The demand for relevant, reliable and authoritative climate information to inform decisions continues to grow at all levels, from local to global. These growing demands must be met, and no single agency is capable of providing all of the needed information and services to support decision-making. NOAA has a key role to play in the end-to-end development and delivery of climate science, tools, products, and information that can better prepare our nation for the impacts of climate variability and change, and mitigate the human influence on climate. Yet the nation’s climate-related information resources are starkly inadequate relative to the magnitude of the challenges facing all levels of government, industry, and society at large. NOAA is working with the White House Office of Science and Technology Policy and relevant federal agencies toward the establishment of a National Climate Service, in support of the nation’s need for sound, scientifically-backed policies and programs to respond to climate change.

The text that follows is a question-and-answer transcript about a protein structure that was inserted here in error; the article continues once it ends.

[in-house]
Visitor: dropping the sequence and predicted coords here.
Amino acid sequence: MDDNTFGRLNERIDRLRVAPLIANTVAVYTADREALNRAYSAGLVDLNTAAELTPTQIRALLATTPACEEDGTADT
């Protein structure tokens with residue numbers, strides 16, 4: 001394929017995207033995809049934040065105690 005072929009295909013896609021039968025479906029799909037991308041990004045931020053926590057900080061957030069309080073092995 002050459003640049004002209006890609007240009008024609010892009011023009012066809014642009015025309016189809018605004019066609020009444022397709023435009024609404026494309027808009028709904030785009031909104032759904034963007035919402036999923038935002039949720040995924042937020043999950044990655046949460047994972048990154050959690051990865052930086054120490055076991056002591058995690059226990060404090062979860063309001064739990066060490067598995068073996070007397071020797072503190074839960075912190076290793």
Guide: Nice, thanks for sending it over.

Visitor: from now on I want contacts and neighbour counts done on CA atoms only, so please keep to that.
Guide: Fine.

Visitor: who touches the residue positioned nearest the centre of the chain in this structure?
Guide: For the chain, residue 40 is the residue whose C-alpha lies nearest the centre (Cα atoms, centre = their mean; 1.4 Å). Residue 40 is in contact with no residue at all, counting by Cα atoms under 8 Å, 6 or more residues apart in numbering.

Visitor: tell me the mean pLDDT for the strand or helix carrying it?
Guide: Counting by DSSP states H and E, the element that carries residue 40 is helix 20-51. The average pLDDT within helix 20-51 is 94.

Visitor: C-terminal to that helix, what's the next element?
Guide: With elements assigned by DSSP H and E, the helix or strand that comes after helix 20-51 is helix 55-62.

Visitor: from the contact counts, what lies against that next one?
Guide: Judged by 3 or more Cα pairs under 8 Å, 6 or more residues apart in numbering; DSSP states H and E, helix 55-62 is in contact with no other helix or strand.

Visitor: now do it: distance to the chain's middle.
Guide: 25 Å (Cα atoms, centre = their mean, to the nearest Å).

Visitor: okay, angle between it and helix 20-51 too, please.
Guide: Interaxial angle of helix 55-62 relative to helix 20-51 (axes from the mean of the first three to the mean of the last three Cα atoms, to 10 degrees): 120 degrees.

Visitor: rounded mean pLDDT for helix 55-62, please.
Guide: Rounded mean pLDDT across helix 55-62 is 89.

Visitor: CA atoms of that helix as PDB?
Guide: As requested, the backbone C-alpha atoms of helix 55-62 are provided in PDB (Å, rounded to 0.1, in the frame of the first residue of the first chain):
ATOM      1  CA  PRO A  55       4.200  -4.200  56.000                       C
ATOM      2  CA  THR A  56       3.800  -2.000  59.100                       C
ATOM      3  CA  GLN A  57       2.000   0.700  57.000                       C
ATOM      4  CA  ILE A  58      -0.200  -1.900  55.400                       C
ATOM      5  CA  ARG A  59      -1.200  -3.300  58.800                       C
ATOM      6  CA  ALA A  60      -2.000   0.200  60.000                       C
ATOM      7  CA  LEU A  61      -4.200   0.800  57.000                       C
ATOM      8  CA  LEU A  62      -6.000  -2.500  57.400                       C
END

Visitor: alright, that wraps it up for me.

Throughout this process NOAA is relying on a wealth of knowledge and analysis, both internal and from our federal and other partners, to in form our thinking and future plans.
Leading scientists, managers and staff at NOAA have contributed to the following analysis and review. The views in these report are solely those of the author team and are meant to be considered by NOAA along with other inputs to develop an overall climate services strategy.
NOAA’s Science Advisory Board (SAB) has conducted multiple studies into NOAA’s climate capabilities relevant to the development of a climate service:
NOAA has also received reviews and recommendations from a number of external sources.
Commerce Secretary Gary Locke and NOAA Administrator Jane Lubchenco have both testified before Congress about climate services.